The terms Internet and World Wide Web are often used in every-day speech without much distinction. However, the Internet and the World Wide Web are not one and the same. The Internet is a global system of interconnected computer networks. In contrast, the Web is one of the services that runs on the Internet. It is a collection of interconnected documents and other resources, linked by hyperlinks and URLs. In short, the Web is an application running on the Internet. Viewing a web page on the World Wide Web normally begins either by typing the URL of the page into a web browser, or by following a hyperlink to that page or resource. The web browser then initiates a series of communication messages, behind the scenes, in order to fetch and display it.
First, the server-name portion of the URL is resolved into an IP address using the global, distributed Internet database known as the Domain Name System (DNS). This IP address is necessary to contact the Web server. The browser then requests the resource by sending an HTTP request to the Web server at that particular address. In the case of a typical web page, the HTML text of the page is requested first and parsed immediately by the web browser, which then makes additional requests for images and any other files that complete the page image. Statistics measuring a website's popularity are usually based either on the number of page views or associated server 'hits' (file requests) that take place.
While receiving these files from the web server, browsers may progressively render the page onto the screen as specified by its HTML, Cascading Style Sheets (CSS), or other page composition languages. Any images and other resources are incorporated to produce the on-screen web page that the user sees. Most web pages contain hyperlinks to other related pages and perhaps to downloadable files, source documents, definitions and other web resources. Such a collection of useful, related resources, interconnected via hypertext links is dubbed a web of information. Publication on the Internet created what Tim Berners-Lee first called the WorldWideWeb (in its original CamelCase, which was subsequently discarded) in November 1990.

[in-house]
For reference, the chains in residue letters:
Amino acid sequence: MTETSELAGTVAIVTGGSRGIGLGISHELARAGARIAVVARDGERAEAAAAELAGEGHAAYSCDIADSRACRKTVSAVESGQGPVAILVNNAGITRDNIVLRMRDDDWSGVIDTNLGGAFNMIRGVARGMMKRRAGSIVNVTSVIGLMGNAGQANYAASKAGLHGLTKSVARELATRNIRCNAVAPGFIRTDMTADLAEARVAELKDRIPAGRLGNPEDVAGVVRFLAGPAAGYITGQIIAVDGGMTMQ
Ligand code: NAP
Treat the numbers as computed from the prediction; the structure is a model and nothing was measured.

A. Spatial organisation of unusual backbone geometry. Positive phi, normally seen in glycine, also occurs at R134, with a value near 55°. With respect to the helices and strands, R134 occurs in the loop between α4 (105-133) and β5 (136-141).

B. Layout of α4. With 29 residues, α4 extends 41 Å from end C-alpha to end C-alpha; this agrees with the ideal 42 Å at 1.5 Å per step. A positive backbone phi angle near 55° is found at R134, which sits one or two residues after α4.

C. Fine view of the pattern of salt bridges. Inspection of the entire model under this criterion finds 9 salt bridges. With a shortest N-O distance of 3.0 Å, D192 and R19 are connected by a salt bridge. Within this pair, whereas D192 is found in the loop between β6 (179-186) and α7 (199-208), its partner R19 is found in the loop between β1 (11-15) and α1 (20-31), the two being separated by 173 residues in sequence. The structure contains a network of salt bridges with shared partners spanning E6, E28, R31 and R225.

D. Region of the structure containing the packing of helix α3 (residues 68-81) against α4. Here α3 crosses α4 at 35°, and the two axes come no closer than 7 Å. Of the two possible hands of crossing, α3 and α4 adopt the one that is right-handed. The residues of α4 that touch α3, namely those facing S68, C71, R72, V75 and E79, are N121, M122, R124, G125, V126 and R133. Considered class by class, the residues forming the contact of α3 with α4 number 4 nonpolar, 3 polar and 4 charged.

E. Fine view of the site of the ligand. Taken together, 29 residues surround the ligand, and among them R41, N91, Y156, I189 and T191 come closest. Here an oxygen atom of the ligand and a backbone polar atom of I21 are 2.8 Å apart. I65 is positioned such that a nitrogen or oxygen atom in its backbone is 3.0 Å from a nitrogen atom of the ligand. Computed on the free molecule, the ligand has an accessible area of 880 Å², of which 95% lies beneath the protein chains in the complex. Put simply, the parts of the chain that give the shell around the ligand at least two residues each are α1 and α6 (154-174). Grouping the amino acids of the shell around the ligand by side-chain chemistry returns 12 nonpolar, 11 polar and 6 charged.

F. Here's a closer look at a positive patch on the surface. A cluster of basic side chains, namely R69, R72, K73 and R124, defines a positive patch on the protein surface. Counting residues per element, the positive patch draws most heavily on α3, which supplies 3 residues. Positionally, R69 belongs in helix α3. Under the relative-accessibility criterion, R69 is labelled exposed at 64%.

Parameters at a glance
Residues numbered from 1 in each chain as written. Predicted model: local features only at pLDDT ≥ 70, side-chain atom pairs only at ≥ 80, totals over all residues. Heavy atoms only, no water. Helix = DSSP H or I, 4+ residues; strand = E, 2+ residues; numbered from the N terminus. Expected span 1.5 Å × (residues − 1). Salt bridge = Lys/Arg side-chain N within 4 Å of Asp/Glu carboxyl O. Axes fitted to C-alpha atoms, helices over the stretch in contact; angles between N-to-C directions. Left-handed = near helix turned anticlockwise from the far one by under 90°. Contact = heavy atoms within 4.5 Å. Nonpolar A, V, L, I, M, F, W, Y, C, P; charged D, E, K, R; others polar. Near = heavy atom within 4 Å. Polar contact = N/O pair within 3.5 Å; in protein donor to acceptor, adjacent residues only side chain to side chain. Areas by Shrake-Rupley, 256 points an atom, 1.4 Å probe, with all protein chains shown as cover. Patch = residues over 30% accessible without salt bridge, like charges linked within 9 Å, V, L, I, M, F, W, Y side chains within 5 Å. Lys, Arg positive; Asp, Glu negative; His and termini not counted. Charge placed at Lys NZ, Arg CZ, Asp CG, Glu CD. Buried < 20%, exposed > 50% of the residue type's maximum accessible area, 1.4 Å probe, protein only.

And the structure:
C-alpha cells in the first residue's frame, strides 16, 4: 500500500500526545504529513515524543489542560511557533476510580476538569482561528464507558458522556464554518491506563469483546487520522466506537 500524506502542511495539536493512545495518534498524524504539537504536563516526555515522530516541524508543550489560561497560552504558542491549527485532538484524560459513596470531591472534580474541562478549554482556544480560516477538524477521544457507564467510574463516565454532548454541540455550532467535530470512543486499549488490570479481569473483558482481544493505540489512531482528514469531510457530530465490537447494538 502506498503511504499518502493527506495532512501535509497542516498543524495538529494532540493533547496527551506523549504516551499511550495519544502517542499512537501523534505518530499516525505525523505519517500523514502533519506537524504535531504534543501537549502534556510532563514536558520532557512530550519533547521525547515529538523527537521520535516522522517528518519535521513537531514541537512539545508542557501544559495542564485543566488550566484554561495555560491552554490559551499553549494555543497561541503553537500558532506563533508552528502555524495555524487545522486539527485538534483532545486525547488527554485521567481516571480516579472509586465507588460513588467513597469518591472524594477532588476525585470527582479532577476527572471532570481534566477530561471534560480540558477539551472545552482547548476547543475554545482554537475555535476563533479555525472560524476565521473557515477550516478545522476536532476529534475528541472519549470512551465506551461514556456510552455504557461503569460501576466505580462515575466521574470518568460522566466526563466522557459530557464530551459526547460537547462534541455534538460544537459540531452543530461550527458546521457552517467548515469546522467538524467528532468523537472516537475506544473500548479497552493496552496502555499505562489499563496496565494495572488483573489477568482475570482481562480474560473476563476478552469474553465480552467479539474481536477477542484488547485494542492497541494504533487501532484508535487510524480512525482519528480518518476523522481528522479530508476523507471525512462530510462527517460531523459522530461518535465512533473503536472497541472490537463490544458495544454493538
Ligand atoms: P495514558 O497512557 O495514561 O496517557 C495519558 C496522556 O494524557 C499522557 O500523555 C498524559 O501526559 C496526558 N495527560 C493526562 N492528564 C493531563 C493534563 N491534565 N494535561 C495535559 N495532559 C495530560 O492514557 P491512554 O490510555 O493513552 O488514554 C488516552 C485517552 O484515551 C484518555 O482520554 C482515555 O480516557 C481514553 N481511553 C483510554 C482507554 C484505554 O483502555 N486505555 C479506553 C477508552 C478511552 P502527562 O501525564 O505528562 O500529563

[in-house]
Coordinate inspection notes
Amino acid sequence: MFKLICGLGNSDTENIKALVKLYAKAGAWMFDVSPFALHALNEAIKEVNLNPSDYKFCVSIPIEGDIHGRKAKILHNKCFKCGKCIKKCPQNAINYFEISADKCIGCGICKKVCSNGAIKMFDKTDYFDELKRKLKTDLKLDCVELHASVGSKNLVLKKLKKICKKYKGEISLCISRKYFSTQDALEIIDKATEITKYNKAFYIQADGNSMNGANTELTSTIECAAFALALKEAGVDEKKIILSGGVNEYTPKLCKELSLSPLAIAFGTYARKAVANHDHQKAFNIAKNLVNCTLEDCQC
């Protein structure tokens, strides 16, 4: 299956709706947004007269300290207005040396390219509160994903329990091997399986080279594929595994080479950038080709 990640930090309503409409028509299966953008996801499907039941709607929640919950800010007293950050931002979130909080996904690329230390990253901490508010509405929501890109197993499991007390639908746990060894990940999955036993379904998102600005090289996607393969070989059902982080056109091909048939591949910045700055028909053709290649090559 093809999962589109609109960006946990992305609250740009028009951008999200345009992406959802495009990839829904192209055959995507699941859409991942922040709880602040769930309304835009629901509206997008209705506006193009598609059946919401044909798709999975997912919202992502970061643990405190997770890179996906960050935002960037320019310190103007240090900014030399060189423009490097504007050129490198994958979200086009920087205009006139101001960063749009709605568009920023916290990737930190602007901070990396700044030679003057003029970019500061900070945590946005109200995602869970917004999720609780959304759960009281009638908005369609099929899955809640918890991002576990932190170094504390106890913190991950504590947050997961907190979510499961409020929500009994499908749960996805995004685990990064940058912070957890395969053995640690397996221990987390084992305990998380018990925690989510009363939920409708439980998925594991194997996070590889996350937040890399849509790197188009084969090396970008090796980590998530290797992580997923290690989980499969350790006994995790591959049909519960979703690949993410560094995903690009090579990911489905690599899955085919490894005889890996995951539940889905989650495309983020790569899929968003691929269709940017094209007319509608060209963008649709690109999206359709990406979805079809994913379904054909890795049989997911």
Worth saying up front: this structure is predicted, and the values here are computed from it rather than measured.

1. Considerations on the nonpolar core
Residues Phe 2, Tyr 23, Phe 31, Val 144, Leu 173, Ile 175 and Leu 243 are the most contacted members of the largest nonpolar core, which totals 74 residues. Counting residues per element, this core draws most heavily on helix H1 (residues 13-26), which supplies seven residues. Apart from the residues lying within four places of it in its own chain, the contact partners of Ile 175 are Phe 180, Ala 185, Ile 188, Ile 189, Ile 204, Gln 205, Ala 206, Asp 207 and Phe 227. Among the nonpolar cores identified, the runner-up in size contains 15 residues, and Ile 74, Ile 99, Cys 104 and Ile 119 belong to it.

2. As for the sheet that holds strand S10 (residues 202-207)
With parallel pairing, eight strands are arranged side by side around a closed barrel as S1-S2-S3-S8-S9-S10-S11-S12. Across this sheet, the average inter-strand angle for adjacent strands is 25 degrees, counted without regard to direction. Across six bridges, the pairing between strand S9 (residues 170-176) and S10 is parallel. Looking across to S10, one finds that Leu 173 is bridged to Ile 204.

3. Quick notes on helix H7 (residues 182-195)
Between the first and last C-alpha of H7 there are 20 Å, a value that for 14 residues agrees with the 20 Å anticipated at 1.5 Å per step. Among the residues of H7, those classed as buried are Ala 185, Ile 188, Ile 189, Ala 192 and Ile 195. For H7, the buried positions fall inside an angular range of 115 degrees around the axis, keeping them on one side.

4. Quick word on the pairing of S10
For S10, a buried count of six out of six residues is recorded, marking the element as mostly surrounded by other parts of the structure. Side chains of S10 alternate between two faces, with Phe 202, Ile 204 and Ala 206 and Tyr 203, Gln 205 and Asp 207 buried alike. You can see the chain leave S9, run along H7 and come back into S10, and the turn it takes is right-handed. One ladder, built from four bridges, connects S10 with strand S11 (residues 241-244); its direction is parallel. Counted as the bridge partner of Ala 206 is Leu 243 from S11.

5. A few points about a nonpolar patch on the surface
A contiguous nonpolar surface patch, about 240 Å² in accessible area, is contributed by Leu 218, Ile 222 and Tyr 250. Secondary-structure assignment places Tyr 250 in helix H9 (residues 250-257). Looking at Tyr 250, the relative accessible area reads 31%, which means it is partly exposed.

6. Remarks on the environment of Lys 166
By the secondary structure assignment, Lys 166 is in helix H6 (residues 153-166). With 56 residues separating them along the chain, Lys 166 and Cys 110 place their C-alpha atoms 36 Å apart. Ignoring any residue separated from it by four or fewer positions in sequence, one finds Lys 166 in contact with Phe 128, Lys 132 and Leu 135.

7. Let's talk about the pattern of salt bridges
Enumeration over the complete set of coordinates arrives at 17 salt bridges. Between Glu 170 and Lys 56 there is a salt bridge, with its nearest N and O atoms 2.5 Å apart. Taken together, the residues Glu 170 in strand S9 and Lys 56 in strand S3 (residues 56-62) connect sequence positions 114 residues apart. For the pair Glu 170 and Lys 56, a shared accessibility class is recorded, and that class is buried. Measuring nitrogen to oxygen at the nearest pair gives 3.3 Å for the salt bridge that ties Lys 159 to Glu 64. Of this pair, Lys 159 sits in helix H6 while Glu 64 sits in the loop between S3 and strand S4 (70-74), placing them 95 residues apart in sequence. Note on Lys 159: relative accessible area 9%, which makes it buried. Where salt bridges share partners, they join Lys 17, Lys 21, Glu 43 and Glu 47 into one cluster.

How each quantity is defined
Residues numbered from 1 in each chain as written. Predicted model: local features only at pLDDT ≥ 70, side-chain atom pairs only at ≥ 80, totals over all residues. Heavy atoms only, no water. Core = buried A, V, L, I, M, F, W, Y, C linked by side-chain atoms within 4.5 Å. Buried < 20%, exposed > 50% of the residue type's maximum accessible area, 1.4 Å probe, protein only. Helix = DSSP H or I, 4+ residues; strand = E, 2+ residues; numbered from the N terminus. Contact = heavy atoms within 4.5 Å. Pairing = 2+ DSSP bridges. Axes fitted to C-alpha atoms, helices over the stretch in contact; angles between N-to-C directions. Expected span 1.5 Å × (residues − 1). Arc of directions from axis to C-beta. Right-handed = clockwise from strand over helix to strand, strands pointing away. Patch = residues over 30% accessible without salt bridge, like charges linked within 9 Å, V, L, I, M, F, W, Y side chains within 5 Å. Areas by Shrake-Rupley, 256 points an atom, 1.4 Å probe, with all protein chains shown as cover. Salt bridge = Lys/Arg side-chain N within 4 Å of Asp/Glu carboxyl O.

in 2010 (six years after co-founding the company), Mark Zuckerberg wrote, "we will add privacy controls that are much simpler to use".
Privacy representatives from 60 countries have resolved to ask for laws to complement industry self-regulation, for education for children and other minors who use the Web, and for default protections for users of social networks. They also believe data protection for personally identifiable information benefits business more than the sale of that information. Users can opt-in to features in browsers to clear their personal histories locally and block some cookies and advertising networks but they are still tracked in websites' server logs, and particularly web beacons. Berners-Lee and colleagues see hope in accountability and appropriate use achieved by extending the Web's architecture to policy awareness, perhaps with audit logging, reasoners and appliances.
In exchange for providing free content, vendors hire advertisers who spy on Web users and base their business model on tracking them. Since 2009, they buy and sell consumer data on exchanges (lacking a few details that could make it possible to de-anonymize, or identify an individual). Hundreds of millions of times per day, Lotame Solutions captures what users are typing in real time, and sends that text to OpenAmplify who then tries to determine, to quote a writer at The Wall Street Journal, "what topics are being discussed, how the author feels about those topics, and what the person is going to do about them".
Microsoft backed away in 2008 from its plans for strong privacy features in Internet Explorer, leaving its users (50% of the world's Web users) open to advertisers who may make assumptions about them based on only one click when they visit a website. Among services paid for by advertising, Yahoo! could collect the most data about users of commercial websites, about 2,500 bits of information per month about each typical user of its site and its affiliated advertising network sites. Yahoo! was followed by MySpace with about half that potential and then by AOL--TimeWarner, Google, Facebook, Microsoft, and eBay.